Professor Berry
    writes: “In deciding this issue, the court considered The Restatement of Property. The Restatement provides that a child of assisted reproduction is considered a child of a person who consented to parenthood but was prevented from becoming a parent by death. The court stated that “if an individual considers a child to be his or her own, society through its laws should do so as well.”
  2. This case appears to go the other way… Posted here is the retelling of this story from the Arkansas News Bureau, Jan. 11, 2008 titled: Court: Embryo implanted in mother’s womb after father’s death not an heir: “A child conceived through in vitro fertilization but implanted in his mother’s womb after his father’s death is not automatically considered his father’s heir under Arkansas’ inheritance laws, the state Supreme Court said Thursday in an advisory opinion.The court issued the opinion in response to a request from a federal judge in an Arkansas woman’s lawsuit against the Social Security Administration over its denial of her claim for “child’s insurance benefits.”The Supreme Court noted that the state statute governing intestacy * * * was enacted in 1969, before the technology of in vitro fertilization was developed, and therefore does not address the issue.Because the law predates the technology, “we can definitively say that the General Assembly … did not intend for the statute to permit a child, created though in vitro fertilization and implanted after the father’s death, to inherit under intestate succession,” Justice Paul Danielson wrote.

    Danielson wrote that it is not the court’s role to create law, but he added that “we strongly encourage the General Assembly to revisit the intestacy succession statutes to address the issues involved in the instant case and those that have not but will likely evolve.”

    The full case can be downloaded as a PDF here. The court took the much easier way out by relying on the implicit intent of the general assembly and expressly declined to define the word “conceive.”

Many thanks (again!) to Professor Berry for his wide reach among the various experts in this field. To our great benefit his resources appear to be limitless.

Larry King Life Settlement Update

Joel A. Schoenmeyer of the Death & Taxes Blog (one of my favorites) writes here about Mr. King’s life settlement woes and makes a good distinction that I had thus far failed to point out:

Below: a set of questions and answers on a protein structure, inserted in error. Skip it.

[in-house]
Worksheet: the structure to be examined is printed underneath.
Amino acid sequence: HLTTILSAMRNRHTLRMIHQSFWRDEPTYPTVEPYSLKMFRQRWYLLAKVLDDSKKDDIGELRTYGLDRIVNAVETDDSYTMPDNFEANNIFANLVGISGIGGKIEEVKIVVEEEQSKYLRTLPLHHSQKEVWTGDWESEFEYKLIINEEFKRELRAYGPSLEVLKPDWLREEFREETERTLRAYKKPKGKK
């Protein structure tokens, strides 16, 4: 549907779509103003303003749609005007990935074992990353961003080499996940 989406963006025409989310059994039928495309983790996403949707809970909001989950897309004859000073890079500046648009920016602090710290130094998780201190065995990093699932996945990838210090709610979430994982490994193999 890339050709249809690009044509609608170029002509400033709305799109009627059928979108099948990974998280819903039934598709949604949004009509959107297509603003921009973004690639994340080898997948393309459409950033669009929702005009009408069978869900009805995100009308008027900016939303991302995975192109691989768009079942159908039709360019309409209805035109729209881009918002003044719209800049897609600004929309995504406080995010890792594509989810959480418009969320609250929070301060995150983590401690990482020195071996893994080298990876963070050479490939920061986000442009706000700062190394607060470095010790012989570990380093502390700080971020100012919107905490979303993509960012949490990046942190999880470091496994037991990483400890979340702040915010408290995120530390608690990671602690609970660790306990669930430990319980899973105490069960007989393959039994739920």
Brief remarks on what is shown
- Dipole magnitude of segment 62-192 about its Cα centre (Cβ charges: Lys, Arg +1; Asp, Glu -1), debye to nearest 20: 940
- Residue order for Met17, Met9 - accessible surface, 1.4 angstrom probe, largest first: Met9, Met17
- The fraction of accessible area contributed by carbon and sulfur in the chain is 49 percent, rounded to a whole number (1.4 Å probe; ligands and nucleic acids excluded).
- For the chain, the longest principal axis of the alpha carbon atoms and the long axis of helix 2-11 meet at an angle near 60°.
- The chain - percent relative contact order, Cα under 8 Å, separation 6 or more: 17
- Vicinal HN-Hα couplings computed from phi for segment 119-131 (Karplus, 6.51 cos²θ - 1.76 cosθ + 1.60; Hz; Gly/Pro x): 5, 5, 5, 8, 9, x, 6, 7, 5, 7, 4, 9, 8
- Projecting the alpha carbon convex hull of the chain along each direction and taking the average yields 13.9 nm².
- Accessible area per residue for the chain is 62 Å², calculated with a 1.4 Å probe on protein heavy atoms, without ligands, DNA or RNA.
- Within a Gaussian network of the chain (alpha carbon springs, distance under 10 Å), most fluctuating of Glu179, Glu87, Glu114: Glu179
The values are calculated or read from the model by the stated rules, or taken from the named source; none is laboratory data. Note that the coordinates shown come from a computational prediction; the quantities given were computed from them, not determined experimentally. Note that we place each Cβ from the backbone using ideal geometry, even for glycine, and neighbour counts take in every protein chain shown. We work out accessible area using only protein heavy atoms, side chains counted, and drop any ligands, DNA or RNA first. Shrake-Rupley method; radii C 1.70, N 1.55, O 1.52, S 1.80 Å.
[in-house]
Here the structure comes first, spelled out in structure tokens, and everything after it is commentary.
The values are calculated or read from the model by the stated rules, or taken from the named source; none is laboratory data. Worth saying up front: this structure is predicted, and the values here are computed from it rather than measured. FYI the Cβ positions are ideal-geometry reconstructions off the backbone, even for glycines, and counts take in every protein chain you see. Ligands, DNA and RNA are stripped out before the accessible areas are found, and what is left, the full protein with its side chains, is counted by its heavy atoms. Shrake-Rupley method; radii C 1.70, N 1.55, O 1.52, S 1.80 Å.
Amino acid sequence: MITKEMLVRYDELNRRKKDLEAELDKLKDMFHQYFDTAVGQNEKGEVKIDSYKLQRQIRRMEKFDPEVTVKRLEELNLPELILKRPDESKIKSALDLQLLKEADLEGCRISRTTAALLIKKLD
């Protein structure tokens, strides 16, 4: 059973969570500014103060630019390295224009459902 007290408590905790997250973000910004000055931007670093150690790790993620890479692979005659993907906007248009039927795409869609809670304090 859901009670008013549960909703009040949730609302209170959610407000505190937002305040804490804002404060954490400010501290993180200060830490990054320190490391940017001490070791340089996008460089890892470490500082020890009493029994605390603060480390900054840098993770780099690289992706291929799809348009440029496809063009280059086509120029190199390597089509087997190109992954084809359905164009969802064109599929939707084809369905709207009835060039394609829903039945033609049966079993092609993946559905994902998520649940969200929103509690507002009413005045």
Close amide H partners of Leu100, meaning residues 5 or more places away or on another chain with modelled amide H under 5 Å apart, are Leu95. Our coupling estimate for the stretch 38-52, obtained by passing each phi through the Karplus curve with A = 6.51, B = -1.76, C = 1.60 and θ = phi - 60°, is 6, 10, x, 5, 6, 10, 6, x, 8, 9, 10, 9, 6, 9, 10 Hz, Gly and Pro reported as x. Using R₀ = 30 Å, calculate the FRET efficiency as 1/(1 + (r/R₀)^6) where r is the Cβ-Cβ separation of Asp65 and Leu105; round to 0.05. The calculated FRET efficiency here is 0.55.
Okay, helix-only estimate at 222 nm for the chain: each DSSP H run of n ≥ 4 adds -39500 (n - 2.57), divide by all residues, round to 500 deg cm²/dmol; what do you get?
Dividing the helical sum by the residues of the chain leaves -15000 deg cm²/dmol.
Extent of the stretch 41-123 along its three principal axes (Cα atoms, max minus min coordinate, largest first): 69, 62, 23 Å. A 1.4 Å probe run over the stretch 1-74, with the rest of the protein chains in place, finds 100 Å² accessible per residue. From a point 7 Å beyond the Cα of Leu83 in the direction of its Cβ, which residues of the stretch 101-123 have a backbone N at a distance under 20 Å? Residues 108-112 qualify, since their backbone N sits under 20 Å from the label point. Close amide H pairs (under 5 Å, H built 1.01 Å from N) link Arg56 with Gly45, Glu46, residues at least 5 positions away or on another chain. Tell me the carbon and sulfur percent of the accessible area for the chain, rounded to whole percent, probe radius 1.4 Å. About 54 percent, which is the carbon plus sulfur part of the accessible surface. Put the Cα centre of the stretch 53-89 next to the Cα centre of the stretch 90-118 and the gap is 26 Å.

Note that the type of life insurance settlement mentioned in the article is not the same as a viatical settlement, which was a concept that became popular about a decade ago. Viatical settlements were used in cases of terminally ill individuals (such as individuals with AIDS), to free up money for treatment, etc.

By contrast, life insurance settlements are used by individuals who are not terminally ill, individuals who have existing policies on which they no longer want to pay the premiums.

Thanks Joel – good to see you posting again!

Also, I’m about to be quoted in the National Underwriter in their impending article on Mr. King and life settlements… Stay tuned!

Know Your Expert’s Certifications

The New York Times today ran a great piece on how disturbingly easy it can be to get “credentialed” in a way that makes one sound like an expert in financial planning, when really all they’ve done is sat through a three-day course and took a test with questions like “Marketing can best be described as:”

“There are limitless combinations of words getting invented to convey an expertise in senior finances,” said the Massachusetts securities regulator, William F. Galvin. “Most of them seem designed to trick seniors into listening to swindlers.”

[There are] tens of thousands of financial advisers working hand-in-hand with insurance companies to market themselves to older Americans using impressive-sounding credentials like Certified Elder Planning Specialist, Registered Financial Gerontologist, Certified Retirement Financial Adviser and Certified Senior Adviser.

Many of these titles can be earned in just a few days from for-profit businesses, and sound similar to established credentials, like Certified Financial Planner, that require years of study, difficult tests and extensive background checks.

And when they’re out they start selling the same ill-advised junk: Variable and deferred annuities to elder clients on fixed incomes. Almost always a bad idea.

Know your adviser!

And know how and why he or she is able to serve in that very important capacity. A few questions can save you and you heirs a lot of money, time and trouble.